K noted it was "loud" and moved it from the dresser (where sound can reverberate due to the hard surface) onto the rug. We went to bed.
I noticed he got up during the night and assumed he was restless or didn't feel well. When he returned to bed, at about 4am, he shut the machine off.
When we got up in the morning I said: you shut the humidifier off? 
and K said: yes, it ran out of water and made an even louder noise!
I checked the box. "Runs for a full six hours on one tank of water."
I put it back in the box and brought it back to the store.
Is there anything wrong with the unit? the customer service guy asked me.
No, I said at first, though it is loud...and it only runs six hours on a tank of water.
Then there is something wrong with it! he said and we laughed.
I looked around for a replacement that would run longer, not be hideous, not cost $200 and be easy to take care of. Nothing.
I went across the street to the drugstore and purchased a Vicks Ultrasonic Cool Mist Humidifier. Still under a hundred bucks, I figured Vicks must know a thing or two as I've been using their Vapo-Rub for thirty years.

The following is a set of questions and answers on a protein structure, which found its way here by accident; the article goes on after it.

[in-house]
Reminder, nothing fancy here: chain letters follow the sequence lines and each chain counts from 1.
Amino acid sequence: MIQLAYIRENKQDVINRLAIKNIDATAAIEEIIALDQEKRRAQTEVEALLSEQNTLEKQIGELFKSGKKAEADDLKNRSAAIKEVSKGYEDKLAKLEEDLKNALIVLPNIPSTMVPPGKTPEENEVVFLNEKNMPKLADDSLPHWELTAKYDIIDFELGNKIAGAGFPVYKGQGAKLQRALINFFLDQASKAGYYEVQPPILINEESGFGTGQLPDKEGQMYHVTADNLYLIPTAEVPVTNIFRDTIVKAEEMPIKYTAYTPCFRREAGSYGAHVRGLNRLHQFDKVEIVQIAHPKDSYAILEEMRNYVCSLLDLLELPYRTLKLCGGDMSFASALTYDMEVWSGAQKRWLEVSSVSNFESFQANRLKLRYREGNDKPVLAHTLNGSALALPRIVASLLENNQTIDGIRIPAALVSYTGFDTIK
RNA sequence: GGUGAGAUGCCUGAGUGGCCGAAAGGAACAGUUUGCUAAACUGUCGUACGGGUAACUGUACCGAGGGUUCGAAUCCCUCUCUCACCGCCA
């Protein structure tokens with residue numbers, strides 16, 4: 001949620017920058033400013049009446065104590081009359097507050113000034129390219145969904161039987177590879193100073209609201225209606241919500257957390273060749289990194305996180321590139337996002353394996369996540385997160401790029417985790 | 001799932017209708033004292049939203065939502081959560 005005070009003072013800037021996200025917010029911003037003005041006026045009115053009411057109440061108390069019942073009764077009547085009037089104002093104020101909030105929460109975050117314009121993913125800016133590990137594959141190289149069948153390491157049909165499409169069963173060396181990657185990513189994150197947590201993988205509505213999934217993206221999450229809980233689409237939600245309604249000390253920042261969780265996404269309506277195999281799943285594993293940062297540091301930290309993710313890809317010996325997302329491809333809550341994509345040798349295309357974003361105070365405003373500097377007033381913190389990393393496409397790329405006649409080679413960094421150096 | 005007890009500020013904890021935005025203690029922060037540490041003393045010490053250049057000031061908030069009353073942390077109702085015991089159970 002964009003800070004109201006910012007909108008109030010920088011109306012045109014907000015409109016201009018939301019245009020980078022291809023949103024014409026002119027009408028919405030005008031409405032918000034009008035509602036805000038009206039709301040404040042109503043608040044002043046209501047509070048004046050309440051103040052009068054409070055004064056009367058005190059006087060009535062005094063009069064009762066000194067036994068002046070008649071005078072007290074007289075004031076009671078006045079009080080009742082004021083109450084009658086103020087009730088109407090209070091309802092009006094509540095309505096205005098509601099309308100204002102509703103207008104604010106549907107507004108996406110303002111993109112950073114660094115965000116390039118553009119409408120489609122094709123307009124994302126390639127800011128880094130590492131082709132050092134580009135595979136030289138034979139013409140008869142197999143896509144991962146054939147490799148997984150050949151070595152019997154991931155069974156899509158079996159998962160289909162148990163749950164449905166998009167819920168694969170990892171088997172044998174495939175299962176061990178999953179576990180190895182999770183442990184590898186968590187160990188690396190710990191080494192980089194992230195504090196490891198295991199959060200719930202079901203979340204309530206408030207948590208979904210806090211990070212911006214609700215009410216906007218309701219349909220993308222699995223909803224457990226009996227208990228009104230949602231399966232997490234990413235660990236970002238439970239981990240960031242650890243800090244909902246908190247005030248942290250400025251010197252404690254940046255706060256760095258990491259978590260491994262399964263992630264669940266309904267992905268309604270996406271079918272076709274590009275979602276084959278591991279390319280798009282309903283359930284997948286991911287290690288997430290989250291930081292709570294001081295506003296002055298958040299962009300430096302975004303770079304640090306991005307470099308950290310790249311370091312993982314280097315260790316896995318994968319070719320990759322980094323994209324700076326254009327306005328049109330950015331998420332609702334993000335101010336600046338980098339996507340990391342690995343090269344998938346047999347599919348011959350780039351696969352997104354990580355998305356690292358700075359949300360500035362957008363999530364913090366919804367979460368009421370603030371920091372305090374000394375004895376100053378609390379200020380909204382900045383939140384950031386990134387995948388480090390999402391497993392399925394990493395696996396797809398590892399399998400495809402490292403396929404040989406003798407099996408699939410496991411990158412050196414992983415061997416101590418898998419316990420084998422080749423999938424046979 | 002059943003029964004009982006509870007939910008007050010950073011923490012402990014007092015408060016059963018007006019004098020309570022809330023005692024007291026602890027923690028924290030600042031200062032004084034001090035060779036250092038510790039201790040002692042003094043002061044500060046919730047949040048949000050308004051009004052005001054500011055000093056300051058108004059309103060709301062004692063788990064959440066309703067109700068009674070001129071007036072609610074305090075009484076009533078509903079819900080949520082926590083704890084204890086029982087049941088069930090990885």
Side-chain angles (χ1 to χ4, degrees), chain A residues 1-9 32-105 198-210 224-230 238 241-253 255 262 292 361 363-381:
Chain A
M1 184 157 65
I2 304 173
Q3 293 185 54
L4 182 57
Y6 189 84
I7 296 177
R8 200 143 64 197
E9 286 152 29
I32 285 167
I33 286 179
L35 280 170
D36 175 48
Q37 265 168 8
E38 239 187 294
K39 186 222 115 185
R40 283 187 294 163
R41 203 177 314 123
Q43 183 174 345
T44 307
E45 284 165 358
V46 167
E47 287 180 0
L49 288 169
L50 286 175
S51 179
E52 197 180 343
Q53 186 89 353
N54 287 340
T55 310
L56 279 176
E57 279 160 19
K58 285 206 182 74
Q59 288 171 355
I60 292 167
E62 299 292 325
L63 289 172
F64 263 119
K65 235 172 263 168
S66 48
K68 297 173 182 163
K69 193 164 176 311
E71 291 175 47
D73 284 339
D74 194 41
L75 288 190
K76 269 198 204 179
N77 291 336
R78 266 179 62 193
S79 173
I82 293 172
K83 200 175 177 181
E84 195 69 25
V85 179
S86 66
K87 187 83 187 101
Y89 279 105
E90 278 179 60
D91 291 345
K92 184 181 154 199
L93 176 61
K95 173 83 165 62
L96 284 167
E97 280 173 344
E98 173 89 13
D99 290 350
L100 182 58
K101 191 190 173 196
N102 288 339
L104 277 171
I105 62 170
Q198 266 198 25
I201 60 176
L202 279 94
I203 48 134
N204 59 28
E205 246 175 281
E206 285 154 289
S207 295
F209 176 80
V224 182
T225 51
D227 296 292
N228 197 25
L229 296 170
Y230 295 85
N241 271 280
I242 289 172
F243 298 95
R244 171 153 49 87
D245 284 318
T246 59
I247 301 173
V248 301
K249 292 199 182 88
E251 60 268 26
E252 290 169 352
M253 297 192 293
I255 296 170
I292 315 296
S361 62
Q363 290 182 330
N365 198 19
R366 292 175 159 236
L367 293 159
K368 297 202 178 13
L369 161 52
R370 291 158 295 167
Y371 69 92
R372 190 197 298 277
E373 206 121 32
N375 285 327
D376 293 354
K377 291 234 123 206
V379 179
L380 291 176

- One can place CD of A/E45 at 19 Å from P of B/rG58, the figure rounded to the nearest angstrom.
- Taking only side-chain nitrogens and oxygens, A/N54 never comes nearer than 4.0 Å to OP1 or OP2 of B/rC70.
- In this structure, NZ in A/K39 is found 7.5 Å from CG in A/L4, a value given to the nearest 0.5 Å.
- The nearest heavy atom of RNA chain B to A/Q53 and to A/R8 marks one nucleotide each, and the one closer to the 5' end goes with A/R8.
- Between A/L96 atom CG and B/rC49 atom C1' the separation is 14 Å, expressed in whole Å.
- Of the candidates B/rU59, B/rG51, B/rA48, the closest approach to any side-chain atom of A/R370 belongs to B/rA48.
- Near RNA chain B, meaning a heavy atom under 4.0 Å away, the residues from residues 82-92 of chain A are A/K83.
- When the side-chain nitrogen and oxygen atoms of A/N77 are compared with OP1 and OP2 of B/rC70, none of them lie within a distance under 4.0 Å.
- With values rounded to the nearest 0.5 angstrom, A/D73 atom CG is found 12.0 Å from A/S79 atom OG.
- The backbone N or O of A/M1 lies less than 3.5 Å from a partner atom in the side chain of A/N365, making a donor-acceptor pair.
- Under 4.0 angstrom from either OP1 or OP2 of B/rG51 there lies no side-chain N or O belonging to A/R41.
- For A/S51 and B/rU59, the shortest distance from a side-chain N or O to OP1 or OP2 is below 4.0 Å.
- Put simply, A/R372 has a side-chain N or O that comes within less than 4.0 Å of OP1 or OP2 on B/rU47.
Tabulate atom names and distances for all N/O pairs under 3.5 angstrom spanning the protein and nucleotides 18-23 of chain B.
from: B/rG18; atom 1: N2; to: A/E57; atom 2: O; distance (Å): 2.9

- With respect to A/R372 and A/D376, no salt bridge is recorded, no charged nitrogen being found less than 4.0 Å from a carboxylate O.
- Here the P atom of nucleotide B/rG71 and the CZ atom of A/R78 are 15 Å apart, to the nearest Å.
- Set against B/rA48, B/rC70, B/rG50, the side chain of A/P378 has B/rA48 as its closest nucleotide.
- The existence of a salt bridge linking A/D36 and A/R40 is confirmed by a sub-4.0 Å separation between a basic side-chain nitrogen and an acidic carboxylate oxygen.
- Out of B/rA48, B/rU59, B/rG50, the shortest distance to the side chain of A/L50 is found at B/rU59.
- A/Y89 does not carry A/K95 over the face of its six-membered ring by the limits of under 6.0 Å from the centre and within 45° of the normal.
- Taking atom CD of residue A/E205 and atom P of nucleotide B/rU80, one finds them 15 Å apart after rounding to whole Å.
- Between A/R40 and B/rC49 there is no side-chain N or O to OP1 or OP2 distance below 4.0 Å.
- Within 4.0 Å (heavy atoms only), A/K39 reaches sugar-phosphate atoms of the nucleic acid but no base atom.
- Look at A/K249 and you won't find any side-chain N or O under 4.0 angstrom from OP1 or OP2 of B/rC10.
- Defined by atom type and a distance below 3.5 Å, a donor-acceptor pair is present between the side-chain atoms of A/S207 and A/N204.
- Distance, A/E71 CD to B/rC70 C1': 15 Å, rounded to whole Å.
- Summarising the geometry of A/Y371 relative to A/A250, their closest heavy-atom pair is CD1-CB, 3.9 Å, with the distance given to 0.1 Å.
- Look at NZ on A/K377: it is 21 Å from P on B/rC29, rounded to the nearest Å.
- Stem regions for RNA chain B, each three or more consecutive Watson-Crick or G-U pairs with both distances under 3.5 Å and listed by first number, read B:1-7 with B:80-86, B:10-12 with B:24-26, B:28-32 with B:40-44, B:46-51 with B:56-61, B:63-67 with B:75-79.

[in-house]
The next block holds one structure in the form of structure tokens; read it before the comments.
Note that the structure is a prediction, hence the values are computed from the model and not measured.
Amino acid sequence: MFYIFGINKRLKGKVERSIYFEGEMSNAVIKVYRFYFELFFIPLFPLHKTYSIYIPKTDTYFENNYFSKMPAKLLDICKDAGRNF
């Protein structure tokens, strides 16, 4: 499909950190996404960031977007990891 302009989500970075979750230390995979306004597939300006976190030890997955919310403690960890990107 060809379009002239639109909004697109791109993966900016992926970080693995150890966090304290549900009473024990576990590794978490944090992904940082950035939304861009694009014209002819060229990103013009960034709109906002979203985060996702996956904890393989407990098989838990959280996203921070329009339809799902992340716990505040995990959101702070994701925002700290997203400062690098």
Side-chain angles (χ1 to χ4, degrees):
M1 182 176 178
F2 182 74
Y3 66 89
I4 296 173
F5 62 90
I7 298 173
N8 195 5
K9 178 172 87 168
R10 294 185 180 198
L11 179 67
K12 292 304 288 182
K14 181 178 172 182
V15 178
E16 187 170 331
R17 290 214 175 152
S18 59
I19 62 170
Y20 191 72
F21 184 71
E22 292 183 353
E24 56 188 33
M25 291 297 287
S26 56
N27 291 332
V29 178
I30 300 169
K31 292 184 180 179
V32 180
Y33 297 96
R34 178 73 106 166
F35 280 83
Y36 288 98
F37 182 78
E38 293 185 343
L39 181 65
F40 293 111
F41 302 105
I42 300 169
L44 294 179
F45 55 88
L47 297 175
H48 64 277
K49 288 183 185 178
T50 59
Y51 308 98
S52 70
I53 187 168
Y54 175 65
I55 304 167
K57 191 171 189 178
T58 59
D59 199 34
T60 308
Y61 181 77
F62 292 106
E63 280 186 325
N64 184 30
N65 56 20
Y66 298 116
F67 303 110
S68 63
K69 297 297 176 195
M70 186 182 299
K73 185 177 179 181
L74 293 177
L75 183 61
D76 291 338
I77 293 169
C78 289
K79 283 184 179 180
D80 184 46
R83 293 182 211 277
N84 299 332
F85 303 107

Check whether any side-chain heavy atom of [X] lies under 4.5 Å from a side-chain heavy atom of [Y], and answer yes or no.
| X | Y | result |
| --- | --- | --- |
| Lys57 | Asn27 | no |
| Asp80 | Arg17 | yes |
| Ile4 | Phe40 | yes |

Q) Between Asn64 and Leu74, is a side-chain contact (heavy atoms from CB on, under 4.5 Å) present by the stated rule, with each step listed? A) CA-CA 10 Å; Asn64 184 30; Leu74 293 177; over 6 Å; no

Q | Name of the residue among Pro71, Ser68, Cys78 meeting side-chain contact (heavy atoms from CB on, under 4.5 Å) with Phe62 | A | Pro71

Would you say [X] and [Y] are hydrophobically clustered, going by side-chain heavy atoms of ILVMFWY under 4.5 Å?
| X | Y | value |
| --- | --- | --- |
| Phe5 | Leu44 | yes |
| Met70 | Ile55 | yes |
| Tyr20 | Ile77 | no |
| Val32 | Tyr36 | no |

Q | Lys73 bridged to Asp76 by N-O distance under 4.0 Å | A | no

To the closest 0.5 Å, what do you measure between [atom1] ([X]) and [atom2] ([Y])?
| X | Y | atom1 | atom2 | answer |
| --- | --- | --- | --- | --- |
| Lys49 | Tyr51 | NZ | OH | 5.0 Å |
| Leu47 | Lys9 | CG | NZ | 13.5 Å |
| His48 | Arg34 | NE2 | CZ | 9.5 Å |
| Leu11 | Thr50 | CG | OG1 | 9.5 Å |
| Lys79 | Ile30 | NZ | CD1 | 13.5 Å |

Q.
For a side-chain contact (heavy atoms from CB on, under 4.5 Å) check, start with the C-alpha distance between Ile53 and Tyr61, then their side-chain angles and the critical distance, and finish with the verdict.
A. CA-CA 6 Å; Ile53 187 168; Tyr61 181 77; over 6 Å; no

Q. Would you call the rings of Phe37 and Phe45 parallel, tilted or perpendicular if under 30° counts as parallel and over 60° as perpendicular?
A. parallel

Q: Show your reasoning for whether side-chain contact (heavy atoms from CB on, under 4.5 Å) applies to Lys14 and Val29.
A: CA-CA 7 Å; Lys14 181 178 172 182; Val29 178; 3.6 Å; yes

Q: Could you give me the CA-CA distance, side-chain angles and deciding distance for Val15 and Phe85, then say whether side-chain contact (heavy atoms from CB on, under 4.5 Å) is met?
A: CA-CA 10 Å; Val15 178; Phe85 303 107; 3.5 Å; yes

I brought it home, I filled the tank, I plugged it in. K came up to our room.
Rommel's tanks were quieter than this! he said. I would have punched him in the nose, but, you know....
We went to bed. We figured we'd see if we could sleep through it.
And we did. Mostly.
Sometime during the night, K decided to dispense with one of his pillows. He tossed it on the floor and (you can see where I'm going with this can't you?) it sort of blocked the mist output thingy on the humidifier.
In the morning, we still felt kind of dry. But K's pillow was as soaked as a sponge. Middle suggested K sleep on it the next night for maximum moisturizing.

This brings us to night three. Cozy and warm in our wonderful little house, we were ready to fill our Vicks and turn in when the phone rang. Do you have running water? my beloved neighbor asked.
We did not.
A water main break.
Filling the humidifier was the least of our problems, as you can imagine.
Is it possible, I hear you asking, to fill toilet tanks with snow?


marian said…
Ha! Brilliant! and good luck... Out here where it is routinely 10 below, we fork up the $250 for a Sears, but only to keep the computers and printers from shorting out when we touch them. It's a write-off, Jerry!
Paola said…
Don't take it personally but I am ROLMFAO and Middle always has the right ideas.
Badger said…